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Graphical presentation of diagnostic information


Whitingt, P F; Sterne, J A C; Westwood, M E; Bachmann, L M; Harbord, R; Egger, M; Deeks, J J (2008). Graphical presentation of diagnostic information. BMC Medical Research Methodology, 8:20.

Abstract

BACKGROUND: Graphical displays of results allow researchers to summarise and communicate the key findings of their study. Diagnostic information should be presented in an easily interpretable way, which conveys both test characteristics (diagnostic accuracy) and the potential for use in clinical practice (predictive value). METHODS: We discuss the types of graphical display commonly encountered in primary diagnostic accuracy studies and systematic reviews of such studies, and systematically review the use of graphical displays in recent diagnostic primary studies and systematic reviews. RESULTS: We identified 57 primary studies and 49 systematic reviews. Fifty-six percent of primary studies and 53% of systematic reviews used graphical displays to present results. Dot-plot or box-and- whisker plots were the most commonly used graph in primary studies and were included in 22 (39%) studies. ROC plots were the most common type of plot included in systematic reviews and were included in 22 (45%) reviews. One primary study and five systematic reviews included a probability-modifying plot. CONCLUSION: Graphical displays are currently underused in primary diagnostic accuracy studies and systematic reviews of such studies. Diagnostic accuracy studies need to include multiple types of graphic in order to provide both a detailed overview of the results (diagnostic accuracy) and to communicate information that can be used to inform clinical practice (predictive value). Work is required to improve graphical displays, to better communicate the utility of a test in clinical practice and the implications of test results for individual patients.

Abstract

BACKGROUND: Graphical displays of results allow researchers to summarise and communicate the key findings of their study. Diagnostic information should be presented in an easily interpretable way, which conveys both test characteristics (diagnostic accuracy) and the potential for use in clinical practice (predictive value). METHODS: We discuss the types of graphical display commonly encountered in primary diagnostic accuracy studies and systematic reviews of such studies, and systematically review the use of graphical displays in recent diagnostic primary studies and systematic reviews. RESULTS: We identified 57 primary studies and 49 systematic reviews. Fifty-six percent of primary studies and 53% of systematic reviews used graphical displays to present results. Dot-plot or box-and- whisker plots were the most commonly used graph in primary studies and were included in 22 (39%) studies. ROC plots were the most common type of plot included in systematic reviews and were included in 22 (45%) reviews. One primary study and five systematic reviews included a probability-modifying plot. CONCLUSION: Graphical displays are currently underused in primary diagnostic accuracy studies and systematic reviews of such studies. Diagnostic accuracy studies need to include multiple types of graphic in order to provide both a detailed overview of the results (diagnostic accuracy) and to communicate information that can be used to inform clinical practice (predictive value). Work is required to improve graphical displays, to better communicate the utility of a test in clinical practice and the implications of test results for individual patients.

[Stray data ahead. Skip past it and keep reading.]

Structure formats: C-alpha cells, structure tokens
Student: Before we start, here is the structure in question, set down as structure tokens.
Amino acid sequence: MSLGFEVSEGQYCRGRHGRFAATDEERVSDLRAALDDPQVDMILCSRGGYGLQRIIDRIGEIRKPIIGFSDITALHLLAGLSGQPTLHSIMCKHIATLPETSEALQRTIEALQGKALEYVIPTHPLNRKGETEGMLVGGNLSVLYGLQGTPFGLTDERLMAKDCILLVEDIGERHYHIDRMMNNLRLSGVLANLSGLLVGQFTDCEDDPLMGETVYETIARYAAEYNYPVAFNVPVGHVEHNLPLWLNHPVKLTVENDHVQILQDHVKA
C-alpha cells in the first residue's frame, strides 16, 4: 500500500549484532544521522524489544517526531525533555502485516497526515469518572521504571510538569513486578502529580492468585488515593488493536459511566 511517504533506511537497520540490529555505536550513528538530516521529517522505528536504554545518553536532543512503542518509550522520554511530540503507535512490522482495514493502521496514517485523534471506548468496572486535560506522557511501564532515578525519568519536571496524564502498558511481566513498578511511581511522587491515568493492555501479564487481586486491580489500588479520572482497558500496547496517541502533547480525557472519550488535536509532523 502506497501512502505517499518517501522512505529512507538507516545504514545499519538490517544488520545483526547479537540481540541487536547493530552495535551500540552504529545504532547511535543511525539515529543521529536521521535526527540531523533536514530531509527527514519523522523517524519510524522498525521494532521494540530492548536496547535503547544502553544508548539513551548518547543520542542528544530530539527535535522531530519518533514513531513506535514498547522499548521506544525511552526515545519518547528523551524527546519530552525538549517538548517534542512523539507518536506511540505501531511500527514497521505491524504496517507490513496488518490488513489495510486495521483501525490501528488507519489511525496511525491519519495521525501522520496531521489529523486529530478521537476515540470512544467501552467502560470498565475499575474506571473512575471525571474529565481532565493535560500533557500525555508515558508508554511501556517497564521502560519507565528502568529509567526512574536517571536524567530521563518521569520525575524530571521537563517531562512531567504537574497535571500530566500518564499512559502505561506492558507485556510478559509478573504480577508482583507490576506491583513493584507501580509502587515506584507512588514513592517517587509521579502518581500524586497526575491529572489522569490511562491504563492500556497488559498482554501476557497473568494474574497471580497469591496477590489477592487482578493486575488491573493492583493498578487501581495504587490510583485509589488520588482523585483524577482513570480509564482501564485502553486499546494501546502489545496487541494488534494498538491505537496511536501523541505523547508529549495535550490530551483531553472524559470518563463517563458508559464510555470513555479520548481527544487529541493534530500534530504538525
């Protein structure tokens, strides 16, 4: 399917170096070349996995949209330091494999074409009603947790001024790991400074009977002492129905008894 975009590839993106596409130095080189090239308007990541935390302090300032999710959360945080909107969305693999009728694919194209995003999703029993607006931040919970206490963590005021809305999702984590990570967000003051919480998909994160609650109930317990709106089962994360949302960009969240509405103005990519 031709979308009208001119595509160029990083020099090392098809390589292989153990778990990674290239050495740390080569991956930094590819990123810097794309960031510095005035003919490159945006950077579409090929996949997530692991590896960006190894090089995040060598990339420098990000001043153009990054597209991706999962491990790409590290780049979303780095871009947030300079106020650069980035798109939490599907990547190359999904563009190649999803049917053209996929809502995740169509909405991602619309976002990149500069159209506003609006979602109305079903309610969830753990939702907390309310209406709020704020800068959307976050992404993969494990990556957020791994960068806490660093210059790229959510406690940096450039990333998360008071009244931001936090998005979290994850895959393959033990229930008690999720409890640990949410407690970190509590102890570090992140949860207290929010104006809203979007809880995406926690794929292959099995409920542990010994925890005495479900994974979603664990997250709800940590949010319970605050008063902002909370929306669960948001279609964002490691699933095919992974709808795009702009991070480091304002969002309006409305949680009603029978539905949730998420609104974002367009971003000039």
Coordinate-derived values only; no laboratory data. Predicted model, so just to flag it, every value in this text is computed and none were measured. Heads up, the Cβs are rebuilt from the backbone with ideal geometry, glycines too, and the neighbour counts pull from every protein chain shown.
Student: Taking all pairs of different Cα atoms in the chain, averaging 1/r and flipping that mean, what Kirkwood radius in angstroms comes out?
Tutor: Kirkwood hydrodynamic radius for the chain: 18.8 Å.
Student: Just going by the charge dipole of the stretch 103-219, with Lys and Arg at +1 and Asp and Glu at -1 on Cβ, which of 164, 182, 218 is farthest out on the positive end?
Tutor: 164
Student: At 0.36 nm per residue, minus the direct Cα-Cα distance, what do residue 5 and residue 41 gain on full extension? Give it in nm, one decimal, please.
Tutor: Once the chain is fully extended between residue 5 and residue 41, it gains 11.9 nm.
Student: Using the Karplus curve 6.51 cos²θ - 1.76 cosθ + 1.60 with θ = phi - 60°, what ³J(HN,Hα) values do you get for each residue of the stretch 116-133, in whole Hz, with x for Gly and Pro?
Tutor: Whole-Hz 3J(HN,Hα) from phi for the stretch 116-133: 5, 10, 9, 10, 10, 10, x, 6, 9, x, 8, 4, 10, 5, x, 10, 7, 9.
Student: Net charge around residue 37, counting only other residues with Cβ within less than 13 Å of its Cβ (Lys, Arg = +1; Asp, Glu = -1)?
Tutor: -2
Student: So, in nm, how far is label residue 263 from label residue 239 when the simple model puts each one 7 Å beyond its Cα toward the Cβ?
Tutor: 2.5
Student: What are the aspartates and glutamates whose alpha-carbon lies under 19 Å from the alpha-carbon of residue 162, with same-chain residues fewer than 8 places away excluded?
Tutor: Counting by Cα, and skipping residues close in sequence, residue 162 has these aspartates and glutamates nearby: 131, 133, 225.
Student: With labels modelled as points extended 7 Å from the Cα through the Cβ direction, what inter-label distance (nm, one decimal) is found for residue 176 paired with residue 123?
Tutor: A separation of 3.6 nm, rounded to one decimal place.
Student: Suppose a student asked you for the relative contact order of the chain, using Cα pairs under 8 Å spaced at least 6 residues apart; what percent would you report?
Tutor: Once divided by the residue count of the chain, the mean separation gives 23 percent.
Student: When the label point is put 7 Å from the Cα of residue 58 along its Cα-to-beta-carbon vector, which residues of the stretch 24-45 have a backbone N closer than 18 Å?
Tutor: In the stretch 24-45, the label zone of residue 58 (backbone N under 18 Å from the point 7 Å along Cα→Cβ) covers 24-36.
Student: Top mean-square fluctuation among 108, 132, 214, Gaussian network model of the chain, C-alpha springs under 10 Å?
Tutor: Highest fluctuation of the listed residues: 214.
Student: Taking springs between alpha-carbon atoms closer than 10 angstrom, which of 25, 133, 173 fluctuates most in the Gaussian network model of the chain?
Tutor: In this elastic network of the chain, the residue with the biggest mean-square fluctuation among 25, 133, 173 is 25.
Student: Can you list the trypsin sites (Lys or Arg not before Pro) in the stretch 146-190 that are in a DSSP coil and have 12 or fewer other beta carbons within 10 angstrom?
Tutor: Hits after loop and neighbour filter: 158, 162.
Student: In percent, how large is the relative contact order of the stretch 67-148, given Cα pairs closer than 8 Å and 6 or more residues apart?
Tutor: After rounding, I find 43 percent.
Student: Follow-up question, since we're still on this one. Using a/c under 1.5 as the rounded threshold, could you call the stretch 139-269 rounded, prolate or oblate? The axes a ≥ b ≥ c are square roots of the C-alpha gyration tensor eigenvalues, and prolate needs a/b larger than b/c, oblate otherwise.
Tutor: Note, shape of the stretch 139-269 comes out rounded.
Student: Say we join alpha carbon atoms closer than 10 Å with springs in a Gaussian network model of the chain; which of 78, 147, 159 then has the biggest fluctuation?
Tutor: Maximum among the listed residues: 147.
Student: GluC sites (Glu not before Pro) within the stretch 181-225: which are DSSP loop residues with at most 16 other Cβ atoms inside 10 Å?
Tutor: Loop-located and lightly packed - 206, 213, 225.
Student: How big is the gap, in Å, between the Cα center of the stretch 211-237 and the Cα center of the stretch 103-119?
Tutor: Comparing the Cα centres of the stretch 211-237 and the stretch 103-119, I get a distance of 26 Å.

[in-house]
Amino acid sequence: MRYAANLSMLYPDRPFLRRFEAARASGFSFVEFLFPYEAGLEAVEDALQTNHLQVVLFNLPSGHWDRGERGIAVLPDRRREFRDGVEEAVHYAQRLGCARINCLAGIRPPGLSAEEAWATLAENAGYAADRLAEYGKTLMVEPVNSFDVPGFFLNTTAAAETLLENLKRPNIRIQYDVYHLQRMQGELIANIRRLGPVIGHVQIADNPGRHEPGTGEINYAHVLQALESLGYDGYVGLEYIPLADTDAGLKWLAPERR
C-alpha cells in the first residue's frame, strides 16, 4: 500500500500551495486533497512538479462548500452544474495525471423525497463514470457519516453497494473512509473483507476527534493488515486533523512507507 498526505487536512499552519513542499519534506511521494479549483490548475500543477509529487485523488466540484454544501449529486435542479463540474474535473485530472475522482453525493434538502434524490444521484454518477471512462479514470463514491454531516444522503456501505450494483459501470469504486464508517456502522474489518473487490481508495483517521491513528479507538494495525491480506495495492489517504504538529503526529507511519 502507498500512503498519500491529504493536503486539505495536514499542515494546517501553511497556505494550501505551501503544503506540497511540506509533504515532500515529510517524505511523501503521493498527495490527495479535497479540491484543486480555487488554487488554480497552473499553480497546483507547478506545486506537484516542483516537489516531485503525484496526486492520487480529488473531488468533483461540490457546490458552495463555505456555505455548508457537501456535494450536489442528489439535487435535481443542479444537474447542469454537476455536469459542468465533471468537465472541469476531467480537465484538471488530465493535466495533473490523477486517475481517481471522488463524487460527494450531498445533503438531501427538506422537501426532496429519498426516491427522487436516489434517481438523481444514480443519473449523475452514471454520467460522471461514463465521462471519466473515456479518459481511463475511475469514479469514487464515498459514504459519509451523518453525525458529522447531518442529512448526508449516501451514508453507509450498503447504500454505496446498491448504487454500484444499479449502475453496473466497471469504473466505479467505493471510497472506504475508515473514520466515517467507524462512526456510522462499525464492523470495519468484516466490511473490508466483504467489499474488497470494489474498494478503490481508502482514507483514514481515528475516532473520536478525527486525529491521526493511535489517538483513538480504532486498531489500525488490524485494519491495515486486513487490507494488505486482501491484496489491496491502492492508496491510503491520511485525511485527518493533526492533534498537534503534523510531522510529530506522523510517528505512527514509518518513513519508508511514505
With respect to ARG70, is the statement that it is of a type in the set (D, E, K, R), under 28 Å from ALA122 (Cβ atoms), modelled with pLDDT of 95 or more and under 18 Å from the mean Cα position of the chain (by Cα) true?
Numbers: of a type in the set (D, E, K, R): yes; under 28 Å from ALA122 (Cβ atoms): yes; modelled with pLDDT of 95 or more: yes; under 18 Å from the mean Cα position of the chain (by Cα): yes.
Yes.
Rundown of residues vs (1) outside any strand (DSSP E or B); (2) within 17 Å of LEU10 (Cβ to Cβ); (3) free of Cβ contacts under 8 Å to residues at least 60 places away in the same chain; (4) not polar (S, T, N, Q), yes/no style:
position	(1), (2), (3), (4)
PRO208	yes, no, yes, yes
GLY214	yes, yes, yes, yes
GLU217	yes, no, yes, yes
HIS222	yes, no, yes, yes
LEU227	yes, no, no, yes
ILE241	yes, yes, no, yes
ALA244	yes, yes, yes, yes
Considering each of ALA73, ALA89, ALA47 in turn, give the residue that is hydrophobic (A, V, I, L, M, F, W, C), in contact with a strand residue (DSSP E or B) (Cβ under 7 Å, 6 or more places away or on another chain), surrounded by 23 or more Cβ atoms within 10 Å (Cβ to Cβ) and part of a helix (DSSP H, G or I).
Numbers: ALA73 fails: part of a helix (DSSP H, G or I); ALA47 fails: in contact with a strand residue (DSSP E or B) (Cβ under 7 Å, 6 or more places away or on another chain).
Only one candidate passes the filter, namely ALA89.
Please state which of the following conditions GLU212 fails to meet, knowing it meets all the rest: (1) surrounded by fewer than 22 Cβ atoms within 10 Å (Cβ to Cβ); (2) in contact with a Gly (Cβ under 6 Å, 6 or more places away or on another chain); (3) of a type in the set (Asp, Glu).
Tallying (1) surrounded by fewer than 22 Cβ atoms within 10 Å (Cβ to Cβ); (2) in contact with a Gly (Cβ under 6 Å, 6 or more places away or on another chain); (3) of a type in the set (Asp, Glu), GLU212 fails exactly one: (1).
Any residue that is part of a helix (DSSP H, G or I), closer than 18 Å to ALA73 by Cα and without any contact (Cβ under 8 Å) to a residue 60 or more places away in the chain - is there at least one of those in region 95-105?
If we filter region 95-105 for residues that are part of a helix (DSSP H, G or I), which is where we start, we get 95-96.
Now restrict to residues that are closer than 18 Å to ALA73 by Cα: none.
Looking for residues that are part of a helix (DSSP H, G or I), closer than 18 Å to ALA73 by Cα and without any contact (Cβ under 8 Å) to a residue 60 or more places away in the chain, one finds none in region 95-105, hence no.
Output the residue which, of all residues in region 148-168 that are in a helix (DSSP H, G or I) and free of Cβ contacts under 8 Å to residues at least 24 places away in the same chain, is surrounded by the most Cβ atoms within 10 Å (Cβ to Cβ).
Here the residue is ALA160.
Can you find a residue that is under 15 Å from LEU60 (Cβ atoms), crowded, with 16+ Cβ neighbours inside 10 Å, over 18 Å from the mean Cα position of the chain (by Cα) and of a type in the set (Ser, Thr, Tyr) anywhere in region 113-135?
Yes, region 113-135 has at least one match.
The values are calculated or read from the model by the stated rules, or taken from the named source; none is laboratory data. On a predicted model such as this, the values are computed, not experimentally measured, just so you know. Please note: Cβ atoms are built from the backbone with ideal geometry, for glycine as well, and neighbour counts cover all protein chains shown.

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19 citations in Web of Science®
23 citations in Scopus®
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Additional indexing

Item Type:Journal Article, refereed, original work
Communities & Collections:04 Faculty of Medicine > University Hospital Zurich > Clinic and Policlinic for Internal Medicine
Dewey Decimal Classification:610 Medicine & health
Language:English
Date:2008
Deposited On:05 Feb 2009 09:14
Last Modified:10 Aug 2017 13:34
Publisher:BioMed Central
ISSN:1471-2288
Free access at:Publisher DOI. An embargo period may apply.
Publisher DOI:https://doi.org/10.1186/1471-2288-8-20
PubMed ID:18405357

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